The Values Of A Fundamental Christian Church

It’s a funny thing about churches. A lot of people think that Catholicism was the first Christian church, and then King Henry VIII came along and started his own religion so that he could legally get a divorce from his wife. In America, we tend to think of two kinds of Christianity, Catholicism and Protestantism, with lots of different churches under the banner of Protestantism. These include Presbyterian, Baptist, Lutheran and Methodist, and many, many more churches with varying interpretations of the gospels. The fundamental Christian church goes back to the days right after the ascension of Christ.

The origin of the Catholic Church was in the second century AD. The Christian fundamentalist church, the original Christian church, was composed of the apostles and the Jews and Gentiles that followed Christ before and after the Ascension. The Book of Acts, written by the apostle Luke in around 80 AD, documents the formation of the Christian church and the spread of its message to Rome.

In the Book of Acts, its describes the events that took place at the First Feast of Pentecost that occurred after the Resurrection. The founders of Christianity were gathered together in a room when, out of nowhere, a powerful wind filled the room. Every head was anointed by a tongue of fire, and every voice spoke in a different tongue.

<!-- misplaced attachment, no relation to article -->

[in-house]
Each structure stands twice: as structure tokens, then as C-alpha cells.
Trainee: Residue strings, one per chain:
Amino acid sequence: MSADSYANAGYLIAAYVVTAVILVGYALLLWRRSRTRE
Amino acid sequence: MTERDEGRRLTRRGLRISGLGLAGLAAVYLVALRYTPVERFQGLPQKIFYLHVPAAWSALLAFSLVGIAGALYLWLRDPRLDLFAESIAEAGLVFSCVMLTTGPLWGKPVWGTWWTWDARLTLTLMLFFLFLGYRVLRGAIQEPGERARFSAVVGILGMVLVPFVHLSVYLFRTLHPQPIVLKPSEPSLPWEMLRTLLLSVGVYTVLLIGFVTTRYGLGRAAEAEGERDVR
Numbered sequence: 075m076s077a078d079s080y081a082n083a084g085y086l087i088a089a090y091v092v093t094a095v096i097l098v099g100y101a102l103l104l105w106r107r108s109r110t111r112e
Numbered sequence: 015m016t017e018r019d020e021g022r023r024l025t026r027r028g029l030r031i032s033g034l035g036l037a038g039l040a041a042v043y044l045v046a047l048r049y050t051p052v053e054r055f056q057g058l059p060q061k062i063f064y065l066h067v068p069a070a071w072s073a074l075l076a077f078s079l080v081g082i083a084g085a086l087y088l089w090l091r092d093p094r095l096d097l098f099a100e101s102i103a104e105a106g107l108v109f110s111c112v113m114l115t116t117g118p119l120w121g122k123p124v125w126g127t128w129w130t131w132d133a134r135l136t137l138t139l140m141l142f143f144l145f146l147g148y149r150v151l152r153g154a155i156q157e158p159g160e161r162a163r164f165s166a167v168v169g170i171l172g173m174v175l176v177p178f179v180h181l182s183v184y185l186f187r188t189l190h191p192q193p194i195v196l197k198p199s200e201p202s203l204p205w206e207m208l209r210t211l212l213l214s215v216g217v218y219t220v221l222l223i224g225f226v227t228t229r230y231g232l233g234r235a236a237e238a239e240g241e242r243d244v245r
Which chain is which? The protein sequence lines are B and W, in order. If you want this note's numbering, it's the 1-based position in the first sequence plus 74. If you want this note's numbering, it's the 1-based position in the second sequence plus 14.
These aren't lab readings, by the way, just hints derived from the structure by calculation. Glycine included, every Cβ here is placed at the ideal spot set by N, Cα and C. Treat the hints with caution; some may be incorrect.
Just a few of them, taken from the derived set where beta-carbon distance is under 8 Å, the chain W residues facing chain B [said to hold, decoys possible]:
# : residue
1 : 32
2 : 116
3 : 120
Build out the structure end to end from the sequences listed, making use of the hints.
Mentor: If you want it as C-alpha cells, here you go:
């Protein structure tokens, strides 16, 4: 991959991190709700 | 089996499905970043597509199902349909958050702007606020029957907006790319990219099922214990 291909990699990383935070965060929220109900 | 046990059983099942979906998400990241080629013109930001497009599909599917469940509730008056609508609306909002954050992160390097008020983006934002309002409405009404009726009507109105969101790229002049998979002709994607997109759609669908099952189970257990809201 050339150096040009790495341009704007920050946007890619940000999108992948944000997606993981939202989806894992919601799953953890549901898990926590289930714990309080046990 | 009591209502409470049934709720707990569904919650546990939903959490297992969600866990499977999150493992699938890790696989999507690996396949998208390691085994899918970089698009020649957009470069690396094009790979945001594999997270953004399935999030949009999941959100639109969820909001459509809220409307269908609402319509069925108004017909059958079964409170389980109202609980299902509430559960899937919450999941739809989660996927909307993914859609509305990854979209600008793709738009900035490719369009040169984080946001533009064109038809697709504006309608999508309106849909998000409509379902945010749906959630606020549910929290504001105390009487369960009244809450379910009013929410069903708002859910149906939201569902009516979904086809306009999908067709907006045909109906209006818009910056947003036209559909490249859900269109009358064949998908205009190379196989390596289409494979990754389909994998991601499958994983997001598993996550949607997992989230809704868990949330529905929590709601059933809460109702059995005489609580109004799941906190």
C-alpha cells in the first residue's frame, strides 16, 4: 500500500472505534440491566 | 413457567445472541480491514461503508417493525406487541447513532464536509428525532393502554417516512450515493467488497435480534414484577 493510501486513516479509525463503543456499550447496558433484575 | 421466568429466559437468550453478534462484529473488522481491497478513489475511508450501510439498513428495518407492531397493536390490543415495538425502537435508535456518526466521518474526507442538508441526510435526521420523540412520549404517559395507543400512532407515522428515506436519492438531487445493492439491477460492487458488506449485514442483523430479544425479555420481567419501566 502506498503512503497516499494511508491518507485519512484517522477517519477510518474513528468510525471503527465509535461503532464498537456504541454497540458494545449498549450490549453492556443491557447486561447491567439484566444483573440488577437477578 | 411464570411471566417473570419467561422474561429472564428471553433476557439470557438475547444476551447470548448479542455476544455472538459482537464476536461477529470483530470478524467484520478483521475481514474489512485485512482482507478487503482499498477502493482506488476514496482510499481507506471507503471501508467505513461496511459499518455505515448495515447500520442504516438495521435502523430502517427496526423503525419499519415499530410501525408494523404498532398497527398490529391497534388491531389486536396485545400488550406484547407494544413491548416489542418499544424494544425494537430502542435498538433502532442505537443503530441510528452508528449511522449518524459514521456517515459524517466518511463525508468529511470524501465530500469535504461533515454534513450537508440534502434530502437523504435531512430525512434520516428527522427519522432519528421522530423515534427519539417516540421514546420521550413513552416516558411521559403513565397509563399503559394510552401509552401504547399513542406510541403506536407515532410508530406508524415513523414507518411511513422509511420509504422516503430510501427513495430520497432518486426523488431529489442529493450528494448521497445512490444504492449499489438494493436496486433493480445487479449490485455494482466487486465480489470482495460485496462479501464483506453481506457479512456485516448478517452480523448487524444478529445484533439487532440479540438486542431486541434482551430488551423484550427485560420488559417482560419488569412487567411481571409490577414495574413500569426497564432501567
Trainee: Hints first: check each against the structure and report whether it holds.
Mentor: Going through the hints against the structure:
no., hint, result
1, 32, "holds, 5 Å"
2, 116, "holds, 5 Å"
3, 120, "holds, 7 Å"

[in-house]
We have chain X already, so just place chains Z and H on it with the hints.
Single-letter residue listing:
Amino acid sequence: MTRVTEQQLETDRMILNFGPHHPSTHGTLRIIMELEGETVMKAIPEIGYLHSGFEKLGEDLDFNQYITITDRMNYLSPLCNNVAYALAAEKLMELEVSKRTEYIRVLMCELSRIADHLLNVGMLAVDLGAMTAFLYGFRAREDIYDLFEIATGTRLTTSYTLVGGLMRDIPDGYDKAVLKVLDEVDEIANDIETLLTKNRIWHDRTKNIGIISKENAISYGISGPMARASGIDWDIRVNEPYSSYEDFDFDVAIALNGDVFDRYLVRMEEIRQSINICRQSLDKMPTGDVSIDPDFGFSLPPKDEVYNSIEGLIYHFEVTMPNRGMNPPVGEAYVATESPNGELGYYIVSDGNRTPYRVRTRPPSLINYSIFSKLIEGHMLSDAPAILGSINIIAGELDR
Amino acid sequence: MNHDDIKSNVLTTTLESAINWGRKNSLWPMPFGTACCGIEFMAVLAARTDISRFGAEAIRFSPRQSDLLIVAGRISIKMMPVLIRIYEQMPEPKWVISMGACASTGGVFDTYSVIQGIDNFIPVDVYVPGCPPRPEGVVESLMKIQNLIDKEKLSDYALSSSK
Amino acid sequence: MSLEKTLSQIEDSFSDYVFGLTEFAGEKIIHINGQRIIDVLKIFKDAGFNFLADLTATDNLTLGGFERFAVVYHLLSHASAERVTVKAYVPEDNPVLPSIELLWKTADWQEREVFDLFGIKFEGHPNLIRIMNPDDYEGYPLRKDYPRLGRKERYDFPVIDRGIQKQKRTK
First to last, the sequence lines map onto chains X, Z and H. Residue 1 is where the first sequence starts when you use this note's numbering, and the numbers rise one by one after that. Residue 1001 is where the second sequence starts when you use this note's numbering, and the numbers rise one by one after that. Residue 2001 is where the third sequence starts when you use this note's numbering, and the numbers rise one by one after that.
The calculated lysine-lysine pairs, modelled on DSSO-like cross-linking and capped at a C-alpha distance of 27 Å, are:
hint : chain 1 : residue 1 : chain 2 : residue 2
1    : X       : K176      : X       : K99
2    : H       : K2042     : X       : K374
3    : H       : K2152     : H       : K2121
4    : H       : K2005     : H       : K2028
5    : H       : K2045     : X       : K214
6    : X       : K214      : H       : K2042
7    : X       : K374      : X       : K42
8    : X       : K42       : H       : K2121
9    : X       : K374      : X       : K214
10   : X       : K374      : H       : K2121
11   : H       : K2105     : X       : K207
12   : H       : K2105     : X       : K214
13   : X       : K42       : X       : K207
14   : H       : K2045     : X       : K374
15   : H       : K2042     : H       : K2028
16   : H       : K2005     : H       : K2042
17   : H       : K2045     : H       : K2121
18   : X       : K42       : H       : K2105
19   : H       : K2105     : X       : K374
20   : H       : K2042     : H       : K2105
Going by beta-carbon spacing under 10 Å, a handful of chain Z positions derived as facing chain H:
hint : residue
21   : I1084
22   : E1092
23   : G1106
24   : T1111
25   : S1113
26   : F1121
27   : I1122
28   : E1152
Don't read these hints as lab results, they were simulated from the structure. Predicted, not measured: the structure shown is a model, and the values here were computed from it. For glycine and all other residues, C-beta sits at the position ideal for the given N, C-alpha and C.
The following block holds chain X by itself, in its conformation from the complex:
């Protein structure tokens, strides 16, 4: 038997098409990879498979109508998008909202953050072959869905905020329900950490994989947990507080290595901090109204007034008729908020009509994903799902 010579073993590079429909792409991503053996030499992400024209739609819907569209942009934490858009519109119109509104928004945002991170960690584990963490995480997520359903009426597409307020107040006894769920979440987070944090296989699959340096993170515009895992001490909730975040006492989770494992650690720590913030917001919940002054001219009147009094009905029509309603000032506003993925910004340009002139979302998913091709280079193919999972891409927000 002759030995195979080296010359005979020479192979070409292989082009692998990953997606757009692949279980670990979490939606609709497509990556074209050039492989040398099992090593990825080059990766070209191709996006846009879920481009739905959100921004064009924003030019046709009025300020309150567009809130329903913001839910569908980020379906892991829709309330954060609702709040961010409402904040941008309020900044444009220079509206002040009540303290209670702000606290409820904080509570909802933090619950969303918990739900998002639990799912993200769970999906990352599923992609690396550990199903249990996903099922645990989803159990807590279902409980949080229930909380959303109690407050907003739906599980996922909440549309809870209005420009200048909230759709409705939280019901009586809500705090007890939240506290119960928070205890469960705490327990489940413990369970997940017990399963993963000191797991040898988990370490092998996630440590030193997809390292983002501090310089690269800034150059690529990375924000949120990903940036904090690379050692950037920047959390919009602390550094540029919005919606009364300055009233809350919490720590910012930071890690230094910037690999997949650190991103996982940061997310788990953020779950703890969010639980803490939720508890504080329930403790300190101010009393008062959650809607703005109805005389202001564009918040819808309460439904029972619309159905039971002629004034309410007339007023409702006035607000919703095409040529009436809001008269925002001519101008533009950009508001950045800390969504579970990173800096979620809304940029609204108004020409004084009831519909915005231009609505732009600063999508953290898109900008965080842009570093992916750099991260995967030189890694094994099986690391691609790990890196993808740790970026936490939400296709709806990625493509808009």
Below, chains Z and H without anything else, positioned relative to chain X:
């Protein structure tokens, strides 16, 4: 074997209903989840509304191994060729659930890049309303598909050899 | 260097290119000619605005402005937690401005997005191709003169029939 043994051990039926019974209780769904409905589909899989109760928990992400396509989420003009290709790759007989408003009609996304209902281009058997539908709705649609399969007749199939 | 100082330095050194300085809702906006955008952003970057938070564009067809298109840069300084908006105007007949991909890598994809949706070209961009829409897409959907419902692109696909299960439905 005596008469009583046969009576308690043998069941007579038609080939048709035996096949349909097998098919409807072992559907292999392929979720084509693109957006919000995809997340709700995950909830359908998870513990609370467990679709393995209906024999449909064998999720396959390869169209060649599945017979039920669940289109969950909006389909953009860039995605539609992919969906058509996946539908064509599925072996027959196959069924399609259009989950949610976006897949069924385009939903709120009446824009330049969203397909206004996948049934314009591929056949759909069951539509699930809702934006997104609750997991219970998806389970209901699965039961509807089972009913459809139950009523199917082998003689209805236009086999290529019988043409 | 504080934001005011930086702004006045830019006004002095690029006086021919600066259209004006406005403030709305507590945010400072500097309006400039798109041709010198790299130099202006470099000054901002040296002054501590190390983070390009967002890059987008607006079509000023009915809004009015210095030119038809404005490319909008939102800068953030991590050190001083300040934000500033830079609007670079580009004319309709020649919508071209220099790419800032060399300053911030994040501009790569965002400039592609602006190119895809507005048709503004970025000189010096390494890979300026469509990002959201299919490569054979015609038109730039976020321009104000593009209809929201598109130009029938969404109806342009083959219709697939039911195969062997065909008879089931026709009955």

This moment became known as the baptism of the Holy Spirit, and it happens to everyone who gets baptized in water as a Christian. The rite of baptism signifies publicly that the subject has turned their back on sin, that they believe that Jesus was the Son of God and that he died for our sins. It is not enough to believe; demons believe. If you want to enter the Kingdom of Heaven, you have to be born again through water.

The acknowledgement of the Holy Spirit is what separates fundamentalists from other Christians. Some people go their entire lives thinking that the Holy Ghost referred to Jesus after the Resurrection and that he left the planet when he ascended into heaven.

This is a mistaken view. In the Book of John (Chapter 14, verses 15 to 18). Here, Jesus says that the Father will send down a helper, who will abide with us forever. That inexplicable, overwhelming sadness that you feel when you visit a church and you have not been baptized, that is the Holy Spirit, gently reminding you that you are a sinner and not right with God.

The electric buzz in the atmosphere when hoards of worshippers are on their feet, wildly praising their Creator with the same fervor as fans at a gig or supporting their favorite sports team, that, too, is the Holy Spirit. When your pastor places his hand on you and the power that passes through him to you is so massive that you drop to the floor, that is the Holy Spirit.

We are not alone. God did send the helper that Jesus promised. When two or more people gather in the name of the Lord, he is there.

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